Part of the difficulty lies in translating the widespread public foreboding about tax increases into hard figures. The German budgetary process is so riddled with hidden items that Finance Ministry statements offer only a sparing insight into the real world.
Undeterred, the Bundesbank has done its sums and come up with a total PSBR for 1993 of some DM230bn, around 8 per cent of GDP (national output). What with the continuing need for massive net transfers to eastern Germany, the financing of the privatisation of the heavily indebted railways, and the burden of rising unemployment, the state's appetite for new funds will remain large. The willingness to adopt radical cuts in other areas is unlikely to grow as Germany heads into the 1994 'super-election year', with nine elections at state, European and finally national level.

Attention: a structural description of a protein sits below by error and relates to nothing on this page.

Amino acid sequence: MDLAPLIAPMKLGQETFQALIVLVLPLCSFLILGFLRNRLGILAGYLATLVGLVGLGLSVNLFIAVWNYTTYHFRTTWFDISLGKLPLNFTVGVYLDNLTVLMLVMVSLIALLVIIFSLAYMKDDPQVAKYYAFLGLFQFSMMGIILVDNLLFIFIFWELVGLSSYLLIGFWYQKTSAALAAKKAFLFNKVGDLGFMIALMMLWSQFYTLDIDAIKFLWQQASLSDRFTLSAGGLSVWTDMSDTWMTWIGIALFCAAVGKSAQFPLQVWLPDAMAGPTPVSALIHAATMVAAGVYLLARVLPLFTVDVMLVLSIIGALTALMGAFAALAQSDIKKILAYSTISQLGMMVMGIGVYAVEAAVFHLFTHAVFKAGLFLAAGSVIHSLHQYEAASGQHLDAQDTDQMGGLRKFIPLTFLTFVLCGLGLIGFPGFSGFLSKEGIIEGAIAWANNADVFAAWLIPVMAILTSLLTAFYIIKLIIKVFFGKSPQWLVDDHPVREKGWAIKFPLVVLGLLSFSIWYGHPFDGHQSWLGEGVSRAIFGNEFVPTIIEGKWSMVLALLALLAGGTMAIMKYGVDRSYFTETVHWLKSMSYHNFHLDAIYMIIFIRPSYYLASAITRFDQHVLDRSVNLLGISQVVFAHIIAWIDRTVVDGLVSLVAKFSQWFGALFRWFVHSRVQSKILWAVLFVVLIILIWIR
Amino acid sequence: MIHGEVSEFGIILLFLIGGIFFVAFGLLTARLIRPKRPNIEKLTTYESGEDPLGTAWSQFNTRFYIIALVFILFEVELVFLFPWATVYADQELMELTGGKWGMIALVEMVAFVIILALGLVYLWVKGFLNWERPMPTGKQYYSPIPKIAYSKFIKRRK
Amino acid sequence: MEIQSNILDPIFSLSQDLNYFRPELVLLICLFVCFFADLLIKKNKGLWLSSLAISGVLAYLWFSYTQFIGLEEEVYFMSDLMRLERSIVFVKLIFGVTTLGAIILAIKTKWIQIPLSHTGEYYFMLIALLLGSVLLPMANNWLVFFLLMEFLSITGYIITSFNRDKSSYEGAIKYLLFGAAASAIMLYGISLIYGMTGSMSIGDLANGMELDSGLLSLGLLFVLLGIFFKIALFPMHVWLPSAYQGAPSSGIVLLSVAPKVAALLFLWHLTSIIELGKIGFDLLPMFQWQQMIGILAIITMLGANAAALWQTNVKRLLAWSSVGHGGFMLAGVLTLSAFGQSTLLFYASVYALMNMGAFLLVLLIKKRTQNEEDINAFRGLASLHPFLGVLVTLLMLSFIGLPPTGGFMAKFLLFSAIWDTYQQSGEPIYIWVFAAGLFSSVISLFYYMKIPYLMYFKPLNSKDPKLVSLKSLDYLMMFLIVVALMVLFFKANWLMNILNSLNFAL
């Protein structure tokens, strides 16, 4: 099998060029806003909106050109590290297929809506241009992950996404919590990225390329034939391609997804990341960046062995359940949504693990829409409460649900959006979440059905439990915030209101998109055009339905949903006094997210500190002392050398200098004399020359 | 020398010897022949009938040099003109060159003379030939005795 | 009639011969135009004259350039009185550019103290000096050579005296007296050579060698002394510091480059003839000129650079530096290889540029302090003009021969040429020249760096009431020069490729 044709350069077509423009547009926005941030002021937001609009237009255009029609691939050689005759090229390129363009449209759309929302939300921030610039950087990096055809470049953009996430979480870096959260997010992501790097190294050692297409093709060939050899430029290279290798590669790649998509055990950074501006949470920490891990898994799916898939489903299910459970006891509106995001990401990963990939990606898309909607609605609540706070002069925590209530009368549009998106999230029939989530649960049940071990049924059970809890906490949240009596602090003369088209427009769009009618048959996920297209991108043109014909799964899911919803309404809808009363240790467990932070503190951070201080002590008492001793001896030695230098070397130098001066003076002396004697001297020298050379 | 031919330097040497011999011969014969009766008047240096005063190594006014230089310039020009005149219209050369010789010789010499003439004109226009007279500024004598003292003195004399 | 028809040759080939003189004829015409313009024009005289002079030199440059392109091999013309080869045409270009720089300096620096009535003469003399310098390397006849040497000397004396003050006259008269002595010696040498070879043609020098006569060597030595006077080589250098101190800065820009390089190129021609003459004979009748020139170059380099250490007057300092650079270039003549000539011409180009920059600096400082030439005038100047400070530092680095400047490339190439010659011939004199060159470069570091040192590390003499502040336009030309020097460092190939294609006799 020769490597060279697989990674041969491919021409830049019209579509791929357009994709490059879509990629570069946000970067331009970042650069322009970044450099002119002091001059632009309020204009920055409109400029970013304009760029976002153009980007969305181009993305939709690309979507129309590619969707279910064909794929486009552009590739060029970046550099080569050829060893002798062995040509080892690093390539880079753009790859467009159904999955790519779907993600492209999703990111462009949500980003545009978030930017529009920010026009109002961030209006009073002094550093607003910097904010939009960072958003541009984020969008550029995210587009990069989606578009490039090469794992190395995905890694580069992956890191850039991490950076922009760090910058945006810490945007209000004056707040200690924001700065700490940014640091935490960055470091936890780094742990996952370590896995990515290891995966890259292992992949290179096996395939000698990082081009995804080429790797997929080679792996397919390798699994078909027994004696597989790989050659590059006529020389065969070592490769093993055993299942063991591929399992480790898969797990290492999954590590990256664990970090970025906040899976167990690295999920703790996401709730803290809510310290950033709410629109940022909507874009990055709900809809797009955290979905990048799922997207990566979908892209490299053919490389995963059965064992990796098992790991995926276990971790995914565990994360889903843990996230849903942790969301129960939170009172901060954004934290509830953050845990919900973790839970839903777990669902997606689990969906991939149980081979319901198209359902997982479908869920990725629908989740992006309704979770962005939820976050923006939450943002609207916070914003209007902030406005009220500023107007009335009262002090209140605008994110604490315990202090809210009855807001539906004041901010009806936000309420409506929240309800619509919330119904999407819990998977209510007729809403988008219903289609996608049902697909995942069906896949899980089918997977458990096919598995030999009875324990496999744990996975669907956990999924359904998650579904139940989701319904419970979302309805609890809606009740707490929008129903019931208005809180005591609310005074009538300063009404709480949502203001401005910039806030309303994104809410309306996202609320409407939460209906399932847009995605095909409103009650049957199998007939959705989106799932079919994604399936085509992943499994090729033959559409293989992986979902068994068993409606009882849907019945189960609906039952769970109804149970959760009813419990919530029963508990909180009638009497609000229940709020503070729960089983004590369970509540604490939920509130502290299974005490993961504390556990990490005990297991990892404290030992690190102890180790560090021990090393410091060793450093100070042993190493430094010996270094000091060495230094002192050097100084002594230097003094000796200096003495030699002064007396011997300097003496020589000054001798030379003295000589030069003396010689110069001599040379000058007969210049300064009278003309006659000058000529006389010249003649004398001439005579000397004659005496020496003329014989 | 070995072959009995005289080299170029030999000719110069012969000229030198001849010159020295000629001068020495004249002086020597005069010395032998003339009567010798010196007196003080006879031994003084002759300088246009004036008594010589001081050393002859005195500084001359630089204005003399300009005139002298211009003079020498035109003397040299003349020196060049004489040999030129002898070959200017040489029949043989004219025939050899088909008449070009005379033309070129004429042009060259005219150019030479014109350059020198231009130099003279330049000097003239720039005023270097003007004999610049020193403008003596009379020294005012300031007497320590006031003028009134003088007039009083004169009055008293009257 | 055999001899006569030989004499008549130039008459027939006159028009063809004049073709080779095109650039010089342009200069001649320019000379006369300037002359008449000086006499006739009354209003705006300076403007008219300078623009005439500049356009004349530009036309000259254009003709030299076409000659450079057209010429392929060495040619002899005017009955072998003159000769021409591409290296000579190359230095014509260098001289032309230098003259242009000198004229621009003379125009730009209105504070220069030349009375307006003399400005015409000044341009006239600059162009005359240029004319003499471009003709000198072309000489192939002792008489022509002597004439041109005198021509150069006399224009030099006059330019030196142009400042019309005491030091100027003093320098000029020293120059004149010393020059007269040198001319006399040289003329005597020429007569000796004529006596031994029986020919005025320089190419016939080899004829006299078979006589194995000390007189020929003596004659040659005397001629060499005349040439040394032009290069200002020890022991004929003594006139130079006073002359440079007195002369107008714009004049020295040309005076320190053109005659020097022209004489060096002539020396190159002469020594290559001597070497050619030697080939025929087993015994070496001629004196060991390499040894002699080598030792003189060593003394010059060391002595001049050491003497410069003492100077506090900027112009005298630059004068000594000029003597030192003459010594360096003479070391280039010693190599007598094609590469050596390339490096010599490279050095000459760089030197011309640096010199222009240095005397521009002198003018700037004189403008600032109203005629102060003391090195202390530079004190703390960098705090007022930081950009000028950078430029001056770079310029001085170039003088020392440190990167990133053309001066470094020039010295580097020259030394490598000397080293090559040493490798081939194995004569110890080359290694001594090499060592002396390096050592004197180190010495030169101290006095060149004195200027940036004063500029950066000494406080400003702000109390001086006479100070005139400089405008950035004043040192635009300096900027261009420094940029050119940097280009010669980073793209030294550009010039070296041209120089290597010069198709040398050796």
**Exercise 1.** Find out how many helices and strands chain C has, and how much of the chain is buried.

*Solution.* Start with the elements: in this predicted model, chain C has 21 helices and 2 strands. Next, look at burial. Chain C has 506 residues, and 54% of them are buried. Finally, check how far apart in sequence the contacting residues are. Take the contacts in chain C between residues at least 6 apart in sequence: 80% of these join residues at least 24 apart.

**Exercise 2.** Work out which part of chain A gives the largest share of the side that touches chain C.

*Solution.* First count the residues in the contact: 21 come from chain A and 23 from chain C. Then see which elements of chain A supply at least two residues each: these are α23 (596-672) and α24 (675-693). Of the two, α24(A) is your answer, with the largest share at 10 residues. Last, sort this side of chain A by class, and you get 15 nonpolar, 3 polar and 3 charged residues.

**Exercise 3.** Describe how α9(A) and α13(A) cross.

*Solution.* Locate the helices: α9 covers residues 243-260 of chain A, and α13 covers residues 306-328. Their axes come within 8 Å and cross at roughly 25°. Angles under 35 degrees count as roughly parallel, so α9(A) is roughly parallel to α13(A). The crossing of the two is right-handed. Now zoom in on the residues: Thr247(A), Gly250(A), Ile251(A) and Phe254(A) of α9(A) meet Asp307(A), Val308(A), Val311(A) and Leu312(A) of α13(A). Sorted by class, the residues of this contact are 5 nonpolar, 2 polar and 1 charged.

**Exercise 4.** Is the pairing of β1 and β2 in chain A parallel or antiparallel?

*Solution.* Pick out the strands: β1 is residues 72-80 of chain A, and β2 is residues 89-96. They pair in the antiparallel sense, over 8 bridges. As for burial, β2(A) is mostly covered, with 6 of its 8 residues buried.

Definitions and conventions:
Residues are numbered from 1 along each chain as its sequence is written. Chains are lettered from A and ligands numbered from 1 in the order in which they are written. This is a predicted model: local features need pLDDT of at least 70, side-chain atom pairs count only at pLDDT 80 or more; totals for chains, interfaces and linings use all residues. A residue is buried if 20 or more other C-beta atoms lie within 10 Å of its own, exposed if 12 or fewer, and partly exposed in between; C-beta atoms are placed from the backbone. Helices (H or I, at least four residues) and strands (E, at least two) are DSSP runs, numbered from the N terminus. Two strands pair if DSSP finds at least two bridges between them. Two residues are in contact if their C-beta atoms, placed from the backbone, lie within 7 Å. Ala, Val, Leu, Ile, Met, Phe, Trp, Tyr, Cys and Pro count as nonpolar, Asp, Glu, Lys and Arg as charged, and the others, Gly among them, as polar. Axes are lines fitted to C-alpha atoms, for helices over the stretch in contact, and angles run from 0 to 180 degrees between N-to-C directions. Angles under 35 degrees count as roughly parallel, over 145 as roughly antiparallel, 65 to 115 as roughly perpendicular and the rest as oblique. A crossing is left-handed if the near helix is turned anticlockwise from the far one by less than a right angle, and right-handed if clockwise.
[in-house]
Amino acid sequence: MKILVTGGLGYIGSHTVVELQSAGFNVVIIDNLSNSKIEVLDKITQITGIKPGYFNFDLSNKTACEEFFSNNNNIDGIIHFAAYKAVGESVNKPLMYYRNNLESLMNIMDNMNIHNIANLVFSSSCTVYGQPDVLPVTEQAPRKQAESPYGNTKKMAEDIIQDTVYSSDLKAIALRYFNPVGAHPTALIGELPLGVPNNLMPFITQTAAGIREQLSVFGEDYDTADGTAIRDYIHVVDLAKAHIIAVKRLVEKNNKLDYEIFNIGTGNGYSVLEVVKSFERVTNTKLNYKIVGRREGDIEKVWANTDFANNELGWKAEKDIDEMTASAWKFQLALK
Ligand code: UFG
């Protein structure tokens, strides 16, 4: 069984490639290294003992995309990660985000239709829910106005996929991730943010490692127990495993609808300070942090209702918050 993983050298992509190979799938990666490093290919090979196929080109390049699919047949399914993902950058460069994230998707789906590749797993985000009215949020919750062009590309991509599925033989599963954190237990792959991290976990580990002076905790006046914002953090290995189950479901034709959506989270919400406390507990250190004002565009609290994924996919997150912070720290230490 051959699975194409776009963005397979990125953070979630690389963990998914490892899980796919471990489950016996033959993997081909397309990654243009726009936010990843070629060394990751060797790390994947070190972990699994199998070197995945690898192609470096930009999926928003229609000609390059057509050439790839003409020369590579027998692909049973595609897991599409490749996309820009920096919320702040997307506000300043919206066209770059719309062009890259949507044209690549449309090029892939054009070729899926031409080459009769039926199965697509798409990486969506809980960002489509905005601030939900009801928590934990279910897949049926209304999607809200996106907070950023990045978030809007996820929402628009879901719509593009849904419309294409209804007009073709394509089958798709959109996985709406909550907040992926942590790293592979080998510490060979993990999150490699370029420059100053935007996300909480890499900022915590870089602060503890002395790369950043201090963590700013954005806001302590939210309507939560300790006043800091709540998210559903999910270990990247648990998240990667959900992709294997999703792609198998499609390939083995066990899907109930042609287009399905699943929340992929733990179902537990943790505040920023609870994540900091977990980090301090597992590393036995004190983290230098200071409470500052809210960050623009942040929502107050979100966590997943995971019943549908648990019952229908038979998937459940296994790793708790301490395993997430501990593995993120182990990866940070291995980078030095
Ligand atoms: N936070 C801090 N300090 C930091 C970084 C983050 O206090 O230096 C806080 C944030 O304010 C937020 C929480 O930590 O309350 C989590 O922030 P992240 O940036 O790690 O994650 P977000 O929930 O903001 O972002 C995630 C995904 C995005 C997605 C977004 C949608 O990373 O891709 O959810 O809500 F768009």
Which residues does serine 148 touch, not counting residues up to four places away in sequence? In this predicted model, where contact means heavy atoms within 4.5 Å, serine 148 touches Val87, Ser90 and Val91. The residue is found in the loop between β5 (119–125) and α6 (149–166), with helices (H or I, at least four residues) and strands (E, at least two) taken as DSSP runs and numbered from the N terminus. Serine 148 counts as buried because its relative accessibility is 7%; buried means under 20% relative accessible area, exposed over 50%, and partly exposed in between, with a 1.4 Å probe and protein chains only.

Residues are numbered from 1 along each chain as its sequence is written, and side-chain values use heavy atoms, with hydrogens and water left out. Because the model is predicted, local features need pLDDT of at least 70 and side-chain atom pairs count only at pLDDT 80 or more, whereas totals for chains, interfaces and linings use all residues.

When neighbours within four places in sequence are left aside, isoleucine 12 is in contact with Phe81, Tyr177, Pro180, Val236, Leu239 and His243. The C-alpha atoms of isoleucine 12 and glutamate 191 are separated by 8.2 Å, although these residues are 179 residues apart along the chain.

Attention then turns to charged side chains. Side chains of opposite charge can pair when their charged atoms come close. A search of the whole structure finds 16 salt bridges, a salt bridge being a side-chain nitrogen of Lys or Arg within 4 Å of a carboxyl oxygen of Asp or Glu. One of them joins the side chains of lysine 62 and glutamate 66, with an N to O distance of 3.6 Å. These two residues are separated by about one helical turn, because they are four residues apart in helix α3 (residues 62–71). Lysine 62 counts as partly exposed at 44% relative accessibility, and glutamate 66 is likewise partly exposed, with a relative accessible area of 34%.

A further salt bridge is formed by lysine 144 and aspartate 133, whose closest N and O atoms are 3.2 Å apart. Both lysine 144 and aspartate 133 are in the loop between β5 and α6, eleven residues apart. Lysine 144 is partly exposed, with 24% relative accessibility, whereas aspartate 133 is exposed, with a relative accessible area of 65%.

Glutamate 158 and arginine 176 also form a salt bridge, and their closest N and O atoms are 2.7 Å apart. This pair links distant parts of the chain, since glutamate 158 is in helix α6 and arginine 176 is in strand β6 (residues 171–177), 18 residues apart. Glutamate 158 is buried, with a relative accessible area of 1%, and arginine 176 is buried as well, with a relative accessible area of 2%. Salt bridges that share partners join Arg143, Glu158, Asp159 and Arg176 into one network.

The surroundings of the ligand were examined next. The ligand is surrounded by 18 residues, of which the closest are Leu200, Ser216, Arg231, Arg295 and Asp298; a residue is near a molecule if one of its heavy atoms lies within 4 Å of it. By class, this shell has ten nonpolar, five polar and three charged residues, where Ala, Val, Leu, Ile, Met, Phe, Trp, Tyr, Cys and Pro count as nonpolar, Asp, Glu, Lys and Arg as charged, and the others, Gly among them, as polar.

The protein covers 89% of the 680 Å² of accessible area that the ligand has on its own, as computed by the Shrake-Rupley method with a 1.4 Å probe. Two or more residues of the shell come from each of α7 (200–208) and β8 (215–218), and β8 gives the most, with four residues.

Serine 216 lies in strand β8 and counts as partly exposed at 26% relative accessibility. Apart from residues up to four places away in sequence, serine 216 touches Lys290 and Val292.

Instead, the government is still ducking and weaving with tax increases. The re-introduction of the unification income tax surcharge is planned for 1995, when the government hopes the recession and the election will be memories. This may be wishful thinking. The depletion of reserves at the state pension fund will trigger an automatic increase in contributions of nearly 1 per cent, or DM20bn. Tax increases by another name are already in the pipeline.
The yawning deficit at the Federal Labour Office may also make a rise in unemployment contributions unavoidable. The same will probably be true of fuel taxes, to help finance the railway reform. On top of this come the often astronomical increases in municipal service charges.
The resulting weak prospects for consumption would be less serious if exports, the traditional engine of German recovery, could be relied upon to grow strongly. But with only modest assistance expected to come from abroad, worries about weakened consumption are leading some economists to reverse growth expectations for western Germany next year down towards zero. That in turn means German interest rates may have to stay lower for longer.Reuse content